“Another area where there are profound continuities between the British Mandate period and today is in the interrelation between indigenous Palestinian leaderships and outside forces. One constant has been the frequent incapacity and weakness of these leaderships vis-à-vis the great imperial powers of the day. Another less visible continuity lies in the way in which this interrelation contributed to the genesis of political Islam in the interwar period and again in recent decades. The British Mandate government from the outset assiduously fostered the creation and development of ostensibly ‘traditional,’ but in fact newly created, ‘Islamic’ institutions such as the post of ‘Grand Mufti of Palestine’ and the Supreme Muslim Council. At the same time, the British authorities assiduously denied legitimacy to Palestinian national bodies and prevented the establishment of Palestinian representative institutions. The British gave these Islamic institutions—‘invented traditions’ in every sense of this term—full control of extensive public revenues (those of the public religious foundations, or awqaf ‘amma) and broad patronage powers. For nearly two decades, until the spontaneously initiated popular revolt of 1936, this policy served its intended purpose of dividing the traditional leadership and providing a counterweight to the Palestinian national movement. By giving a crucial portion of the Palestinian elite both some control over resources and a measure of prestige, but no access to real state power, these institutions successfully distracted many Palestinians from a unified focus on anticolonial national objectives, including the control of the mandatory state, and building an effective nationalist para-state body to rival that state.

There is a parallel between this policy and the decades-long U.S. fostering of the Muslim Brotherhood and other Islamically oriented groups throughout the Middle East as counterweights to what were perceived as radical, nationalist, anti-American forces. Conservative Arab regimes allied with the United States, like those of Jordan and Saudi Arabia followed a similar policy. For well over two decades after the occupation of the West Bank and Gaza in 1967, Israel did much the same thing with the Palestinian branch of the Muslim Brotherhood and its offshoot Hamas in Gaza as a counterweight to the nationalist Palestine Liberation Organization (PLO). This reached the point where the Israeli military occupation encouraged Brotherhood thugs to intimidate PLO supporters.”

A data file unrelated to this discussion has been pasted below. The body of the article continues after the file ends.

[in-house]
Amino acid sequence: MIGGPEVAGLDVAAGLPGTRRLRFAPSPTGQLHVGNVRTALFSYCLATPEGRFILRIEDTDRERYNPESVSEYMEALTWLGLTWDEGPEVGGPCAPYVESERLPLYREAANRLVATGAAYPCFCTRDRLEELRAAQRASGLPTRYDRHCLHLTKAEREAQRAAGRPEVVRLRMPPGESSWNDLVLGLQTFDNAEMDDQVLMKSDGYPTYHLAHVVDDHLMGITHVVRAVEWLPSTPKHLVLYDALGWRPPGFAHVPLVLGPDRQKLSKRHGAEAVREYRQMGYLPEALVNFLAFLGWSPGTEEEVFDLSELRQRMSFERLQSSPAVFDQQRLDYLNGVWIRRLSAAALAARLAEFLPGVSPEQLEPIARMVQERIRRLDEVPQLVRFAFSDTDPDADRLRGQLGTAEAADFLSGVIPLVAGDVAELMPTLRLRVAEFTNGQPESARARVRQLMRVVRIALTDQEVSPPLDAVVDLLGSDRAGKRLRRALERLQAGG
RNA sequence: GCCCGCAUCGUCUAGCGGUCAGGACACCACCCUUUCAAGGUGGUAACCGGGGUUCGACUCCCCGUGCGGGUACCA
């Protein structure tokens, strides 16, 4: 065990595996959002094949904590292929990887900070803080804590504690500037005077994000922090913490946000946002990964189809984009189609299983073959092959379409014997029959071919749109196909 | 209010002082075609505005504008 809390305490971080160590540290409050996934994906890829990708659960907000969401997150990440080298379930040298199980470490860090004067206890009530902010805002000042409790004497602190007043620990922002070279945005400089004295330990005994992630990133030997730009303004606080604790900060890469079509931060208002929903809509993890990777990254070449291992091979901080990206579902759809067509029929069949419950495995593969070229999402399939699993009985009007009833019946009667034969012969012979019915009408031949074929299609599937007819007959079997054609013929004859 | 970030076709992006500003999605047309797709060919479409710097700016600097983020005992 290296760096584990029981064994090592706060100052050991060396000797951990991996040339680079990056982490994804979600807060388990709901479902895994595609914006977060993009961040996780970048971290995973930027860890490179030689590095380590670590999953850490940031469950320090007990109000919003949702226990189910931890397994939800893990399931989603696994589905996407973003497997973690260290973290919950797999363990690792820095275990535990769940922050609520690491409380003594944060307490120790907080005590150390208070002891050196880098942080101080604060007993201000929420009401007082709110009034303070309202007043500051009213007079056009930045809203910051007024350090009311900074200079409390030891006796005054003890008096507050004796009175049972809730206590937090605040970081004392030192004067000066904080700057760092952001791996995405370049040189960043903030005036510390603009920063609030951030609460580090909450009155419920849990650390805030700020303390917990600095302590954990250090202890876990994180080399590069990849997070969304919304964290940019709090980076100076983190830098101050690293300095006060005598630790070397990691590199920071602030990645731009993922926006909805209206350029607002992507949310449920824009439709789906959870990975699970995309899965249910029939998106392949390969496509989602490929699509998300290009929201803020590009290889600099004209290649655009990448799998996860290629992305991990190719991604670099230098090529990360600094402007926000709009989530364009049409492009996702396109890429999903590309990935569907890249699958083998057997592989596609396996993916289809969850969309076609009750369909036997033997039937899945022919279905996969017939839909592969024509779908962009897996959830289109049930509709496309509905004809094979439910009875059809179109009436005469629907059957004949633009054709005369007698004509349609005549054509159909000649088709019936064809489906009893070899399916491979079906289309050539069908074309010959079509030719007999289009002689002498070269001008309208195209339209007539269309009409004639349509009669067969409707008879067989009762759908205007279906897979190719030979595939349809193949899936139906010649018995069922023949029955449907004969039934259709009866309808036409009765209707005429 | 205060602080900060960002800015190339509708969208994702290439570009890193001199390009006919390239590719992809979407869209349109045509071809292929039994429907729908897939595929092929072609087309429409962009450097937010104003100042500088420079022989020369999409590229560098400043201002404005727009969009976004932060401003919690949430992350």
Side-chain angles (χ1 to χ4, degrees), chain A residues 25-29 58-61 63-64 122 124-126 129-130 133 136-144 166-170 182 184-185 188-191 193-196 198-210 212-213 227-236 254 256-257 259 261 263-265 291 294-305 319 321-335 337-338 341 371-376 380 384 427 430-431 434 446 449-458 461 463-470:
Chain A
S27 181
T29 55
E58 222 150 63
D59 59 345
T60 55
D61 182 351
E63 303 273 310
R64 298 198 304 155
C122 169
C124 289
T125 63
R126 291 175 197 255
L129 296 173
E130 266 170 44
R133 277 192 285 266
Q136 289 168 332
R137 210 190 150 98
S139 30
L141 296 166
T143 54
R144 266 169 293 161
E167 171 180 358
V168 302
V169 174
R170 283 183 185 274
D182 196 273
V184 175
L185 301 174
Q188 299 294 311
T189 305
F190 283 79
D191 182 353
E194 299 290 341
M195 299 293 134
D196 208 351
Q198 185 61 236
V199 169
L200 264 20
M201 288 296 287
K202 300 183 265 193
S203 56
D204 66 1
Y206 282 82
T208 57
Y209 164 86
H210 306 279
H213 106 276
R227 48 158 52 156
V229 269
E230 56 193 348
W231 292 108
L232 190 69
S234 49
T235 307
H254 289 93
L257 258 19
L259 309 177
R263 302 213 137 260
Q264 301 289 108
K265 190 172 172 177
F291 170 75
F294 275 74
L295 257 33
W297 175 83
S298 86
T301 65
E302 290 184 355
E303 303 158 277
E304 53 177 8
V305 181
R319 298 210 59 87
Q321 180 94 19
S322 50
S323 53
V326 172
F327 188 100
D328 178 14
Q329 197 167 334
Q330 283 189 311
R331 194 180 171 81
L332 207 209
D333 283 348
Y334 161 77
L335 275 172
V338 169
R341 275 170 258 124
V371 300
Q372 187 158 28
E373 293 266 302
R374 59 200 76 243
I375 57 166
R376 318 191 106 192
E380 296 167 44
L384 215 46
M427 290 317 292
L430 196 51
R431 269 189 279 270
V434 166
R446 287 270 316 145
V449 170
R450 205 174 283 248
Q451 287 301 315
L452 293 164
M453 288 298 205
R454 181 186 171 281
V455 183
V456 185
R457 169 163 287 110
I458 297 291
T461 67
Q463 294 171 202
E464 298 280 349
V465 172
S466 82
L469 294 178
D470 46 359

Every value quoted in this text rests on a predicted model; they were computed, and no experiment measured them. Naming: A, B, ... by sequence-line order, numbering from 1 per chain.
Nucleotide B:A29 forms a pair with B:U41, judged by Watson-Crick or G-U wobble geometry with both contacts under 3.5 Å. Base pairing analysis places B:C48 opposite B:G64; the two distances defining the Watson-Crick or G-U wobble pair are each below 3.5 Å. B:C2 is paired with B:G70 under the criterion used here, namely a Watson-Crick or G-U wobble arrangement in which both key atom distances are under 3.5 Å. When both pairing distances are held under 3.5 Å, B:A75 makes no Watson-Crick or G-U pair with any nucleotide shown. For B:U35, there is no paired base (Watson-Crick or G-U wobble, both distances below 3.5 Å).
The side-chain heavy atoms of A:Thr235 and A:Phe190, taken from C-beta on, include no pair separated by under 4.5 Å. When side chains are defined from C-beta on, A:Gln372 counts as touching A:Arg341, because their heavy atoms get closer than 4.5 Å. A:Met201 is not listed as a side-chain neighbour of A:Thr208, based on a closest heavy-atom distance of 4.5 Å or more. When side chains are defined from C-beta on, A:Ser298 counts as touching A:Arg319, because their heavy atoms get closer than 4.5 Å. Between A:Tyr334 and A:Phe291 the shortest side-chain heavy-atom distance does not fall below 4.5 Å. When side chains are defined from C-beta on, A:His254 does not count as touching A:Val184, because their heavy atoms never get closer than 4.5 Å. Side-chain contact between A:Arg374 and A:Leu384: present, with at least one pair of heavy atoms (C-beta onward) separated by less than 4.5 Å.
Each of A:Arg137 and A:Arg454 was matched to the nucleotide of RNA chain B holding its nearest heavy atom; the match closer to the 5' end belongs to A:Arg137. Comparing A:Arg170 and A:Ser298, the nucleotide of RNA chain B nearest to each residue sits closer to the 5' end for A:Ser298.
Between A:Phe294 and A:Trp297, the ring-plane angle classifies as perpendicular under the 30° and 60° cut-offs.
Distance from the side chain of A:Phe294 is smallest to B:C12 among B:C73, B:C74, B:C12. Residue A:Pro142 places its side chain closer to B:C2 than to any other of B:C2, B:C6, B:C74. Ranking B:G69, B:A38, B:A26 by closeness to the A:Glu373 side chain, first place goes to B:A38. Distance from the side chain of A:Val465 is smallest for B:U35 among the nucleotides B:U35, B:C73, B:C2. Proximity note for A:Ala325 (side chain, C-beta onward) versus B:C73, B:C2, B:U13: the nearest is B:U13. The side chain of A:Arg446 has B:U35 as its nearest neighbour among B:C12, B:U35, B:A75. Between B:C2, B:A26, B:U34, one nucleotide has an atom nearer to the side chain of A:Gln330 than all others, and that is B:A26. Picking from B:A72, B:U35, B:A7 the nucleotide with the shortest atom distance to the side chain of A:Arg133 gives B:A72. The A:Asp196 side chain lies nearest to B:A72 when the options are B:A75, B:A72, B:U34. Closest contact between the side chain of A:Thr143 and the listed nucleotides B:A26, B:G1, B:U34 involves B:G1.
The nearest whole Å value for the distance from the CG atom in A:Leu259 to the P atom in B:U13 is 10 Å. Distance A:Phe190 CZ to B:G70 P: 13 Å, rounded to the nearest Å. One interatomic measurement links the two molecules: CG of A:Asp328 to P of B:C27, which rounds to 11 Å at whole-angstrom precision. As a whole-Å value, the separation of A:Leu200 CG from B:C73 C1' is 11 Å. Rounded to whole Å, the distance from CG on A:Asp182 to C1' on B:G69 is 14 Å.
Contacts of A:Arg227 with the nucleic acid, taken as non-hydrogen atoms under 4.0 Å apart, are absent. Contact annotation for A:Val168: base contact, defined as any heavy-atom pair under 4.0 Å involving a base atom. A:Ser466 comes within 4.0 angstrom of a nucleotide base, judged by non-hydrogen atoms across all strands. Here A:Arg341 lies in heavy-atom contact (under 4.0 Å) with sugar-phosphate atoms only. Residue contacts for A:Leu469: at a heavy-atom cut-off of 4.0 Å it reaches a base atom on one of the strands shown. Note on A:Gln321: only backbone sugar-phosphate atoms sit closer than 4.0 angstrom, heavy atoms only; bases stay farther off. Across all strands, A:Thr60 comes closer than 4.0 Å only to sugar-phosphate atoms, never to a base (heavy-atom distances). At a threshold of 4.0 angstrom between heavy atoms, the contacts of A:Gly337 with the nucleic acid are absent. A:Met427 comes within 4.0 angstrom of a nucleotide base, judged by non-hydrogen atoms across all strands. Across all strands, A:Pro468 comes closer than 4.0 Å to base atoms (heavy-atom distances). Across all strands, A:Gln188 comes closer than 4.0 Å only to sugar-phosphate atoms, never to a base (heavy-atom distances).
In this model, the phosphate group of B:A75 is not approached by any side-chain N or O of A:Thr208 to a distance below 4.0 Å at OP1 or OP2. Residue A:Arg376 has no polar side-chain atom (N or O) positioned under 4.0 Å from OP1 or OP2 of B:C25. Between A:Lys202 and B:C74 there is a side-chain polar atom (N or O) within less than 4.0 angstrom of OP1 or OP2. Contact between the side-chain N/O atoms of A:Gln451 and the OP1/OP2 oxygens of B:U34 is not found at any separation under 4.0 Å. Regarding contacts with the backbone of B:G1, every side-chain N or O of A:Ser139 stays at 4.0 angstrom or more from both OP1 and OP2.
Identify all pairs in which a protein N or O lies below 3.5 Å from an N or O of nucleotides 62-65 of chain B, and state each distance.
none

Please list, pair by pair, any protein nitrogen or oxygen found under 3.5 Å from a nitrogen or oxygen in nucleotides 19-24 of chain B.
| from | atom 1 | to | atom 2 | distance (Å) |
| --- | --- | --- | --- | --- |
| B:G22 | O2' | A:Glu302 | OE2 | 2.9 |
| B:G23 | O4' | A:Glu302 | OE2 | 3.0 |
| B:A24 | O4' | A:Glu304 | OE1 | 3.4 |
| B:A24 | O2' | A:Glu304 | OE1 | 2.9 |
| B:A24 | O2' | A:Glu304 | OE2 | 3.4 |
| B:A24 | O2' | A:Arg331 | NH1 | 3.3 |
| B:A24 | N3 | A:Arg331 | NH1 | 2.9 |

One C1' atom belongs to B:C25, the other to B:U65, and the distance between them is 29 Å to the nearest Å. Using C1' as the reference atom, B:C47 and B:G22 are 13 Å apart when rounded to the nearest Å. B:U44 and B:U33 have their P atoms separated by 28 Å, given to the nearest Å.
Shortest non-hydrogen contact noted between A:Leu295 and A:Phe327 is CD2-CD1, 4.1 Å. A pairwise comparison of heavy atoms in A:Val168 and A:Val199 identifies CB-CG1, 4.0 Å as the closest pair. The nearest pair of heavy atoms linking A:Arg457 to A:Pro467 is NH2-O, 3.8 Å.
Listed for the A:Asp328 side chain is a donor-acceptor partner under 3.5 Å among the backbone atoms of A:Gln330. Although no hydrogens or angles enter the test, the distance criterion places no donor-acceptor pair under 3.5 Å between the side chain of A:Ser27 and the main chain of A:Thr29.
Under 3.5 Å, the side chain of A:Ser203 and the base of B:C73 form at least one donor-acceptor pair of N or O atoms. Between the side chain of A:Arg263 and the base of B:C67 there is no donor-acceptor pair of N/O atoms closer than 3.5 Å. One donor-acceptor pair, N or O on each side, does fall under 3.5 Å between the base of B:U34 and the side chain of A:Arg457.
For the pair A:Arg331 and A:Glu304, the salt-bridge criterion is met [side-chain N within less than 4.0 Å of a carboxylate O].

Thus the core problem was the failure of the Palestinians to create national structures that perhaps might have enabled them to wage a more coherent struggle before the 1936–39 revolt, to weather the repression that accompanied it, and to extract a better outcome from the 1939 negotiations in London, not what happened later. Comparisons with the more successful Indian effort in precisely the same period are of relevance here. Thus, to explain why Palestinian society fell apart with such rapidity in 1947–49, one must go back to well before the fighting of those years. Only thus can one fully explain the striking lack of organization, cohesion, and unanimity in the Palestinian polity in the years immediately preceding 1948, particularly in view of the marked contrast with the improving situation of the yishuv in the same period.”

“These differences were largely a result of the fact that the terms of all the other mandates, and the positions of the colonial powers in most other Arab countries (again, with the notable exceptions of Libya and Algeria), and indeed even the position of Britain in many of its colonies such as India, were predicated on the assumption that in each of these countries there was a people either already in existence or ‘in emergence,’ with the eventual right to independence and statehood. This was held to be true even though in some cases independence was envisaged by the colonial power as taking place in the distant future.”